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FOREX-Dollar dips versus yen, euro remains under pressure

* Dollar/yen dips as Tokyo shares slip on Iraq conflict

* Euro struggles versus dollar near 4-month low

* Sterling hits 1-1/2 year high against euro

(Adds quotes, details)

TOKYO, June 16 (Reuters) - The dollar dipped versus the yen on Monday, taking a cue from weaker Tokyo equities, although potentially decisive events such as the Federal Reserve meeting midweek limited movements.

The dollar dipped 0.2 percent to 101.84 yen, moving towards the bottom of its relatively tight 102.80-101.60 yen range seen so far this month.

Tokyo's Nikkei shed 0.6 percent as the insurgency in Iraq kept investors on edge.

"The conflict in Iraq and resulting rise in oil prices are generally considered causes for the 'risk off' moves we are seeing," said Kyosuke Suzuki, director of forex at Societe Generale in Tokyo.

"But as far as dollar/yen is concerned, it appears that some players are selling the dollar automatically in trades linked to the Nikkei's fall. The flow is not yet significant enough to be deemed safe-haven bids for the yen," Suzuki said.

The dollar index, a measure of the greenback's strength a basket of key currencies, stood little changed.

The index had gained about 0.3 percent the previous week, helped by factors including higher U.S. Treasury yields and its status as a safe haven as conflict in Iraq escalated. Both the dollar and yen tend to attract safe-haven bids during times of geopolitical tension.

In focus was whether the dollar can gain further should the Federal Reserve provide new hints on the timing of interest rate hikes when it concludes its two-day policy meeting on Wednesday.

Currently expectations are for the Fed to begin raising rates about a year from now, and the dollar is seen benefiting from any hawkish comments by the central bank.

"Key points are if Fed Chair (Janet) Yellen upgrades her view on the economic view in light of recent economic indicators and if the central bank raises its yield forecast, which would reignite expectations for earlier rate hikes," said Junichi Ishikawa, market strategist at IG Securities in Tokyo.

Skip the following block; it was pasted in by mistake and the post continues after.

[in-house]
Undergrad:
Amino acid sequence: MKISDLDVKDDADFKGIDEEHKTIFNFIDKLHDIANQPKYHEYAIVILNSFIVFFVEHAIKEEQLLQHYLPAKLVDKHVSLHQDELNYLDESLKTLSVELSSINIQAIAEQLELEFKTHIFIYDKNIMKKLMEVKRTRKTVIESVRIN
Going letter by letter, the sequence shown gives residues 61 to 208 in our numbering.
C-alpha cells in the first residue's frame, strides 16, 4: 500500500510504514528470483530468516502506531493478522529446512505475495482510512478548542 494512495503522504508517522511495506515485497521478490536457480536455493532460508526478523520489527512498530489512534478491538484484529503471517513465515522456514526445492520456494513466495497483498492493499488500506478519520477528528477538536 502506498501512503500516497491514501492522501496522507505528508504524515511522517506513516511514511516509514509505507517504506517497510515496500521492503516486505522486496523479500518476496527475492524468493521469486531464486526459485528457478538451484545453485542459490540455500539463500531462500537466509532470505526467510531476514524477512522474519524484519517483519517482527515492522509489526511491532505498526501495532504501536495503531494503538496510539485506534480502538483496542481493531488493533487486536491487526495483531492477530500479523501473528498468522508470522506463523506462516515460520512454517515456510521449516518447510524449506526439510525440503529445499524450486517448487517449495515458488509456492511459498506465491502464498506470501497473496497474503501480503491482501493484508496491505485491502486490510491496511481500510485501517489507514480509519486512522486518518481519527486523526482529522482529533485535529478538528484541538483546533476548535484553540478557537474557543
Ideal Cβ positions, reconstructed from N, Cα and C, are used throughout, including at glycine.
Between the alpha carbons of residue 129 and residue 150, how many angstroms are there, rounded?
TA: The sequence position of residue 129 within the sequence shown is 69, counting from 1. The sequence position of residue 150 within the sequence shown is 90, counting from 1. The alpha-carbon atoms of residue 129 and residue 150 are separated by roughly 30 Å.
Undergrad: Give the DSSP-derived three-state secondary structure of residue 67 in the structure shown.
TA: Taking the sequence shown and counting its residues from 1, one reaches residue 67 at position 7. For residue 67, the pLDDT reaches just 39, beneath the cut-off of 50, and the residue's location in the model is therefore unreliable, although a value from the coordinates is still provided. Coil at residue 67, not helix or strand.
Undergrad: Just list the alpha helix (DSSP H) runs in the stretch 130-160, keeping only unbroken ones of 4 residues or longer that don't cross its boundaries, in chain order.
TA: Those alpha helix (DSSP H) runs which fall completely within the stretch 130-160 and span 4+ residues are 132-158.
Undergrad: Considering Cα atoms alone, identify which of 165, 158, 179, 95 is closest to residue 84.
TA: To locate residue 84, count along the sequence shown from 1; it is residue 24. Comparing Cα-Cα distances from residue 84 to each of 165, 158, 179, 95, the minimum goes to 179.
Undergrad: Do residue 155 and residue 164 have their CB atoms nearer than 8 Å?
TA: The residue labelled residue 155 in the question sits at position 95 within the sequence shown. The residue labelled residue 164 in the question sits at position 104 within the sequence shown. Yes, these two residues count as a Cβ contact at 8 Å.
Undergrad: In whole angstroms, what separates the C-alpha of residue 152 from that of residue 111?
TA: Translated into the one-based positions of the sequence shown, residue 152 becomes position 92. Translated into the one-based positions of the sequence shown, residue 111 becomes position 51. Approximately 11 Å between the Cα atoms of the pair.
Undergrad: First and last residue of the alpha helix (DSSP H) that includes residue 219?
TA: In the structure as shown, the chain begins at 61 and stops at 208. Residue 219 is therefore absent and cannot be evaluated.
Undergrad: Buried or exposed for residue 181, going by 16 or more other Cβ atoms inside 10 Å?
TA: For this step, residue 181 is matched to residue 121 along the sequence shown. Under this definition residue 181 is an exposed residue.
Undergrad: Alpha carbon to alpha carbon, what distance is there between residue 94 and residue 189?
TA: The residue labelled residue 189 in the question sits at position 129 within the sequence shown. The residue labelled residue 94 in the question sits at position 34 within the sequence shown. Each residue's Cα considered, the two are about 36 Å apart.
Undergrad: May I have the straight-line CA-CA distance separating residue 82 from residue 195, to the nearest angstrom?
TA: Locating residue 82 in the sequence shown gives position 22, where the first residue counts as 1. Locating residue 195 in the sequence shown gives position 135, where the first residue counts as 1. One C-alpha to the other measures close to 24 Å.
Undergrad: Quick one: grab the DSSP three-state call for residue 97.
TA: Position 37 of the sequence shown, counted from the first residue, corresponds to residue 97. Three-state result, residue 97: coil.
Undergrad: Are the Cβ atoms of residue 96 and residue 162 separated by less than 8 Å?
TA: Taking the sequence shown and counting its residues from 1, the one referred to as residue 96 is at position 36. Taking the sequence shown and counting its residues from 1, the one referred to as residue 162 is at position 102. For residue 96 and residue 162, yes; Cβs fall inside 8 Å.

"Whether geopolitical risks have any currency impact depends on how the situation in Iraq and Ukraine impacts the equity markets, but so far their reaction appears limited," he said.

The euro traded little changed at $1.3537, within sight of a four-month trough of $1.3503 hit earlier this month when the European Central Bank eased monetary policy.

Market participants expect the single currency to come under further pressure against the dollar should the Fed's statements on Wednesday cause a further divergence in monetary policies between the ECB and the Fed.

"We prefer staying short euro versus dollar as the Fed's constructive view on the U.S. economy would come in contrast to the ECB's cautious stance on euro area inflation," strategists at Barclays wrote in a note to clients.

The dollar, on the other hand, was on the back foot against currencies enjoying support from central banks more hawkish than the Fed.

The New Zealand dollar inched up 0.1 percent to $0.8675, hovering near a one-month high of $0.8700 hit late last week when the Reserve Bank of New Zealand indicated it would continue hiking rates.

Sterling, which has been boosted recently by the hawkish approach taken by the Bank of England, was at $1.6980, in close reach of $1.6995, highest since May 6.

BOE Governor Mark Carney had said on Thursday that interest rates could rise sooner than financial markets expect, in a surprisingly stark warning that monetary policy may start to tighten in less than a year.

The euro fell to as low as 79.68 pence, a trough not seen since November 2012.

(Editing by Eric Meijer)